Wash, spin, rinse, spin. Phone, spin, report, spin, poll, spin. The similarities between the work of the mainstream media and a laundry machine are striking. Yet there is nothing about the cycle -- the spin-report-poll-spin cycle -- that does for political events what detergent does for your boxers or briefs.
The media, as One, spend days or weeks bashing someone or something they do not like. They then conduct a poll to prove to you that they were right all along. In a campaign season, their one-sided coverage is calculated, then executed to produce a result. It’s not about reporting the events, it’s about changing the prevailing view.
And the polls -- such as the ones by the media, which are not independent surveys like those undertaken by the likes of Rasmussen or Gallup -- aren’t intended as much to gauge the public view of a candidate or events as they are to reinforce that which they have “reported”, or provide the media guidance on how effective their spinning of the news has been.
Abracadabra seems to be the magic word - at least for one New Hampshire Democrat and United Press International (UPI).
Prosecutors in Strafford County are claiming in court papers that former congressional candidate, Gary Dodds (D-NH) staged his own car accident and faked his disappearance in 2006 in order to garner sympathy and support for his weak campaign.
Team Edwards, both eminently coiffed candidate John and his designated political hitter bride Elizabeth, on Wednesday, Novemeber 21st cancelled their scheduled appearance on The View, doing so, according to the UnDynamic Duo, to “honor the members of the Writers Guild of America”, who are currently on strike.
Not to be outpandered, Michelle Obama, wife of the incredibly audacious Barack, later that same day pulled out of her December 5th guest co-hosting duties.
Obviously, sucking up is more important than being sucked up to in Democratic presidential politics.
This is related to nearly every Donkey candidate promising to not participate in a scheduled December 10th CBS debate (moderated by the ratings Juggernaut Katie Couric) should their news writers decide to join their union brethren and sistren (one must be, in this age of PC, all-inclusive) and abandon that foundering network vessel to the waves unscribed.
On Saturday, State Representative Carla Blanchard Dartez (D-La.) lost her re-election bid to Republican challenger Joe Harrison in a heated and controversial run-off. Yet the largest newspaper in Louisiana, The Times-Picayune (TP), chose to bury it as an afterthought in its coverage of the statewide election results. The Times-Picayune online edition, NOLA.com, placed this paragraph at the end of its story.
The only two incumbent lawmakers to lose in either chamber were Democrats. Chris Hazel dispatched Rep. Rick Farrar of Pineville in the 27th District primary. Challenger Joe Harrison topped Rep. Carla Blanchard Dartez of Morgan City to claim the 51st District seat in the runoff.
The TP made no mention of the 'Buckwheat' racial slur or the other controversies which surrounded this incumbent Democrat. Why is that?
(Note: This is about a local Northeastern Ohio column, but deals with a media bias issue of broad significance.)
What Feagler revealed gets to the very heart of journalism's failure, why blogs exist, why many news consumers pay attention to them (in fact, feel that they must), and why they matter.
I really want to admire guys like Dick Feagler (and the relatively few gals, back in the day). Their telephones, steel trap memories, and Rolodexes were the "databases" of that era. They worked, and their modern counterparts still work, in an underpaid, underappreciated job that, when done correctly, is something you don't clock out of, and can go crazy in the blink of an eye. The Dick Feaglers used the old-fashion tools and applied the old-fashioned work ethic to do their jobs as best they could. Their successors are typically doing the same, with better tools.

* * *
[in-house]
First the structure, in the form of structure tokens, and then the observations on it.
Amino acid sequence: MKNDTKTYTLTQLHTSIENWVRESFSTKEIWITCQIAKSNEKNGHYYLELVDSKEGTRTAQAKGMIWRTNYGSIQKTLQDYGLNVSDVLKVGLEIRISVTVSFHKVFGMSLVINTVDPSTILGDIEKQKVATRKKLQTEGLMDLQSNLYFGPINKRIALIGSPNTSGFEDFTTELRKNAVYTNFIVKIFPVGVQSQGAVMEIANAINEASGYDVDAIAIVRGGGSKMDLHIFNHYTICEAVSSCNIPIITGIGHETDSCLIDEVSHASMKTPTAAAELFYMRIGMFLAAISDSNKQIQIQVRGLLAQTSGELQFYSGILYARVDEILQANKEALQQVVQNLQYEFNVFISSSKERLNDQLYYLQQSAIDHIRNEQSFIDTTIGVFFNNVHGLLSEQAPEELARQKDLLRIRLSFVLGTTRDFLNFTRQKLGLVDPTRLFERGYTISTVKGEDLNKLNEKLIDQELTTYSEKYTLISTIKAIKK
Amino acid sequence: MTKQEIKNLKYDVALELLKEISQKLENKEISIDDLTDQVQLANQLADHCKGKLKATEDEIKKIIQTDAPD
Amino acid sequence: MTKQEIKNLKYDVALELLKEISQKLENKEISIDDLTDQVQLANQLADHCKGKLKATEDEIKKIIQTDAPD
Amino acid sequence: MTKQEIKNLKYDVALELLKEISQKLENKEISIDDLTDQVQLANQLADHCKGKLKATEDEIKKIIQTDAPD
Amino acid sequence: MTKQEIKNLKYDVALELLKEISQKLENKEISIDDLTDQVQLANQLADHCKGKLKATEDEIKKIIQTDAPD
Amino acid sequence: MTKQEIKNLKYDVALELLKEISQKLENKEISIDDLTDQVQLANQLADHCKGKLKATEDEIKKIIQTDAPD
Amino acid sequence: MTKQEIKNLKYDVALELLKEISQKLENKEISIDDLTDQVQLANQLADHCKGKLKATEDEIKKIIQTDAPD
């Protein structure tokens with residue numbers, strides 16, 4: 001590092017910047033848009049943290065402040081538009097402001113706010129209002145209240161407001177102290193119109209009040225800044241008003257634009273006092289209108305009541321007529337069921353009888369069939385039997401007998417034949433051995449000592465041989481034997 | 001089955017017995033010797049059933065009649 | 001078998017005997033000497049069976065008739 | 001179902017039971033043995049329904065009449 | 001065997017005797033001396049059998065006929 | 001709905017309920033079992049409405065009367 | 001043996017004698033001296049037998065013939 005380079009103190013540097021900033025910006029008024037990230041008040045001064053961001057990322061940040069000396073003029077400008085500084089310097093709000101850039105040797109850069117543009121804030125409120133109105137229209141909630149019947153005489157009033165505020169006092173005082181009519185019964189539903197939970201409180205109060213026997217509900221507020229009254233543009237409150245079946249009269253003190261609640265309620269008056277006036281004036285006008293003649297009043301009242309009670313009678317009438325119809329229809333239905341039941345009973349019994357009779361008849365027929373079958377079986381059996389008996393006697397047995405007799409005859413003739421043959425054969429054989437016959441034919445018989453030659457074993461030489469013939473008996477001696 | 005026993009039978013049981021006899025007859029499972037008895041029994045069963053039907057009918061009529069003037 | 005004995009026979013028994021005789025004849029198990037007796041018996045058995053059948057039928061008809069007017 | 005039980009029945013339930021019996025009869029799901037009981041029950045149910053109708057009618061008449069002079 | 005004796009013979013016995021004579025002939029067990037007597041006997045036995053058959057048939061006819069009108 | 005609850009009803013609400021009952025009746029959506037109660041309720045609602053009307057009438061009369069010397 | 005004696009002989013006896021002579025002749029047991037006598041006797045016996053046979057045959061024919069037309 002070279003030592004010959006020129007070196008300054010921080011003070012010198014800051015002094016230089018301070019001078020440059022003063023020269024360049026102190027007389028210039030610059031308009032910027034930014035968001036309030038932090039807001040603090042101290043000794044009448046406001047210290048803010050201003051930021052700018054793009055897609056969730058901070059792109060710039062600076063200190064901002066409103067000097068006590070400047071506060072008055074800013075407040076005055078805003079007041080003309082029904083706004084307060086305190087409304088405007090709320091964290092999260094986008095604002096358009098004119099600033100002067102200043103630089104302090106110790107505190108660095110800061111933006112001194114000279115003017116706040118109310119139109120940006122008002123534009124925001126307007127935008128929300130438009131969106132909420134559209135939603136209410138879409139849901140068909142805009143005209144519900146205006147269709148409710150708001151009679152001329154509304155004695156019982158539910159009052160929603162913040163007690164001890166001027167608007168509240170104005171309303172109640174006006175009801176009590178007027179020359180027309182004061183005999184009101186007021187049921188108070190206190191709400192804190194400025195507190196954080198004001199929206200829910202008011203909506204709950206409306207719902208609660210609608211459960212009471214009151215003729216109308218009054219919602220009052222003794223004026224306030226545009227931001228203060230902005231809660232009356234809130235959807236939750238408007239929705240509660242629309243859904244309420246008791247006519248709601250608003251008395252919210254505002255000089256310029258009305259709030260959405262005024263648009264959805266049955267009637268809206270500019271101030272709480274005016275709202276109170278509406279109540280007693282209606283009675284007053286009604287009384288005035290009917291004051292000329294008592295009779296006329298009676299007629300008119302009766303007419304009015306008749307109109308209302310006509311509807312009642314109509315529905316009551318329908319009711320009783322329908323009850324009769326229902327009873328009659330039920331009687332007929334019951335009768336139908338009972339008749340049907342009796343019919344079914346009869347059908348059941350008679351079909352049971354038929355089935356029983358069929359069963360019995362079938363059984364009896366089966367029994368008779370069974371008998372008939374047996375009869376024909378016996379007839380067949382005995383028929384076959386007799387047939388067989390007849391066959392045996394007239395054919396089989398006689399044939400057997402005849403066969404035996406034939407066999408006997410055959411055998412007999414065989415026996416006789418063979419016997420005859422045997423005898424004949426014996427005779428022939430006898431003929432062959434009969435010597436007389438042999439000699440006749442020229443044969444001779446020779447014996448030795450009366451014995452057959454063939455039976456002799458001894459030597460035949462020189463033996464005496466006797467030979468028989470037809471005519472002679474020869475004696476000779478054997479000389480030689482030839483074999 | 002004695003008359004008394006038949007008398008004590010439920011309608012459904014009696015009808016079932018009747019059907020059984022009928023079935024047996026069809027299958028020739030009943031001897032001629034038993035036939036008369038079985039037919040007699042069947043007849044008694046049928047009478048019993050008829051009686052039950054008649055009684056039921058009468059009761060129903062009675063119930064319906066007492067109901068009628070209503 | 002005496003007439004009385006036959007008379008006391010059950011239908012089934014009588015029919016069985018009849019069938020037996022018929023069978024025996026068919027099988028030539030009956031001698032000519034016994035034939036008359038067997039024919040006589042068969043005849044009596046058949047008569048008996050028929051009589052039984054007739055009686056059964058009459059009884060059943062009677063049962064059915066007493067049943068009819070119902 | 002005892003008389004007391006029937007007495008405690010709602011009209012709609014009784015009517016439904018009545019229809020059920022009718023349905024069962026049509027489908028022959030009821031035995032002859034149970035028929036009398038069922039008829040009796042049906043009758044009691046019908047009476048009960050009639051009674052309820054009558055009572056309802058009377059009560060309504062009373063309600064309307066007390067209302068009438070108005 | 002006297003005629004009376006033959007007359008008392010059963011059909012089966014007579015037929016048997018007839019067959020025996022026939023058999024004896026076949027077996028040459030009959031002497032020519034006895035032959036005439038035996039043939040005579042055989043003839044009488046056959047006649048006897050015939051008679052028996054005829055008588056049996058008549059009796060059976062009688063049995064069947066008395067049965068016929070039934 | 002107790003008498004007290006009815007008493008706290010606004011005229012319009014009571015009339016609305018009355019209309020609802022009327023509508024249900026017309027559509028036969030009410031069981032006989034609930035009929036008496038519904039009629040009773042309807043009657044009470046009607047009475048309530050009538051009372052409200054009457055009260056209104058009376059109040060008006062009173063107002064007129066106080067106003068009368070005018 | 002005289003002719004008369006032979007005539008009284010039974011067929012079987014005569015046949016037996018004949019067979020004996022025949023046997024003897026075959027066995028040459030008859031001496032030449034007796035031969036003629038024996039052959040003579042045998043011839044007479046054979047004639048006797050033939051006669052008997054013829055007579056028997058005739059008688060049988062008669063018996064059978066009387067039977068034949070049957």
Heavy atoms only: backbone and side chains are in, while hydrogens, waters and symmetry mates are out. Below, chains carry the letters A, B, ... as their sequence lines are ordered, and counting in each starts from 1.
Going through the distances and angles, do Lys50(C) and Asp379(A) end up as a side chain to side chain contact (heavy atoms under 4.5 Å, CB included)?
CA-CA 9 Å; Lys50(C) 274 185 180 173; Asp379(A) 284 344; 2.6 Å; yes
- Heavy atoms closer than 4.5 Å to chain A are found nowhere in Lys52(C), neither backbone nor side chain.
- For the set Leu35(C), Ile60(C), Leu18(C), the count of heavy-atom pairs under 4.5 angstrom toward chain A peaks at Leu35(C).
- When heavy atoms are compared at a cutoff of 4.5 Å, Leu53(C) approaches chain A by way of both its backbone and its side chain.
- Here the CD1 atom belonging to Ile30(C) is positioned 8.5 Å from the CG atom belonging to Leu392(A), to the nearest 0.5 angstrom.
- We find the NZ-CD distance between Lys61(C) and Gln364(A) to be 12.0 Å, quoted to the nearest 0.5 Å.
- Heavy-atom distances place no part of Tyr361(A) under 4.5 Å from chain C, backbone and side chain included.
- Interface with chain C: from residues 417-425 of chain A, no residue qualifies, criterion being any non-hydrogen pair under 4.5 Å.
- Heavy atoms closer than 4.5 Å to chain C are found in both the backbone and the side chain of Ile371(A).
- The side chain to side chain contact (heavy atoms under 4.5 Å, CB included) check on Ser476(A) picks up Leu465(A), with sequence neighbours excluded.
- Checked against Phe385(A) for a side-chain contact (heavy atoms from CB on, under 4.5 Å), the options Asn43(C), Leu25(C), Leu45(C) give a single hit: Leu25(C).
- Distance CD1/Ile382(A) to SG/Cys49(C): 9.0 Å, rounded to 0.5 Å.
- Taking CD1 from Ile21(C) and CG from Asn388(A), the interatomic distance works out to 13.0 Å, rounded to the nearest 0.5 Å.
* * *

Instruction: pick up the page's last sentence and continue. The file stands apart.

But that avoids the real question: What was, and still is, their job?
A Google alert this morning brought an article about a speech in which NBC's Lester Holt claimed that he and his MSM colleagues "are perfectly capable of putting [their] personal bias aside." Holt went to state that "the level of organized attacks against news organizations from the blogosphere and even from competitors in recent years is unprecedented and disturbing."
Less than an hour later there was Holt on the Today show . . . which proceeded to run a segment typifying the very kind of bias he claims the MSM is "perfectly capable" of putting aside.
Is it acceptable for stores catering to Hispanics to use racial epithets when referring to Caucasian residents of the United States? Apparently so. According to the Washington Times online edition, a furniture store located in Alexandria, Va., has posted a sign calling Americans 'gringos'. The Times reports that,
A sign outside the store at the intersection of North Beauregard and King streets reads, “Credito sin papeles de gringo.” In English, that could be translated to say “Credit without gringo papers.” Blanca Granados, the store's assistant manager, translated the message to mean “just 'without white papers,' like Social Security or like that.”
On Monday, NewsBusters reported the ironic occurrence of a Missouri newspaper firing a former journalism professor for plagiarism.
At the time, I wrote, "I'm not sure whether to laugh or cry."
Well, new information suggests the latter, as the piece which started the brouhaha, a November 3 column by professor emeritus John Merrill, was critical of a new department for women's and gender studies at the University of Missouri-Columbia (emphasis added):
It's time for another edition of Name That Party! According to New Orleans WDSU Channel 6, a candidate for state representative, one Carla Blanchard Dartez, used a racial insult when speaking with the local NAACP president. But somehow the story on WDSU's website completely managed to avoid mentioning Dartez's party affiliation. Hint- she's not a Republican. According to the story posted by WDSU,
A state representative in a runoff election infuriated civil rights leaders after she ended a conversation with the mother of the NAACP's local president by saying, "Talk to you later, Buckwheat." State Rep. Carla Blanchard Dartez, of Morgan City, acknowledged she made the remark during a Thursday night telephone conversation with Hazel Boykin to thank her for driving voters to the polls. Buckwheat, a black child character in the "Little Rascals" comedies of the 1930s and '40s, is viewed as a racial stereotype demeaning to black people.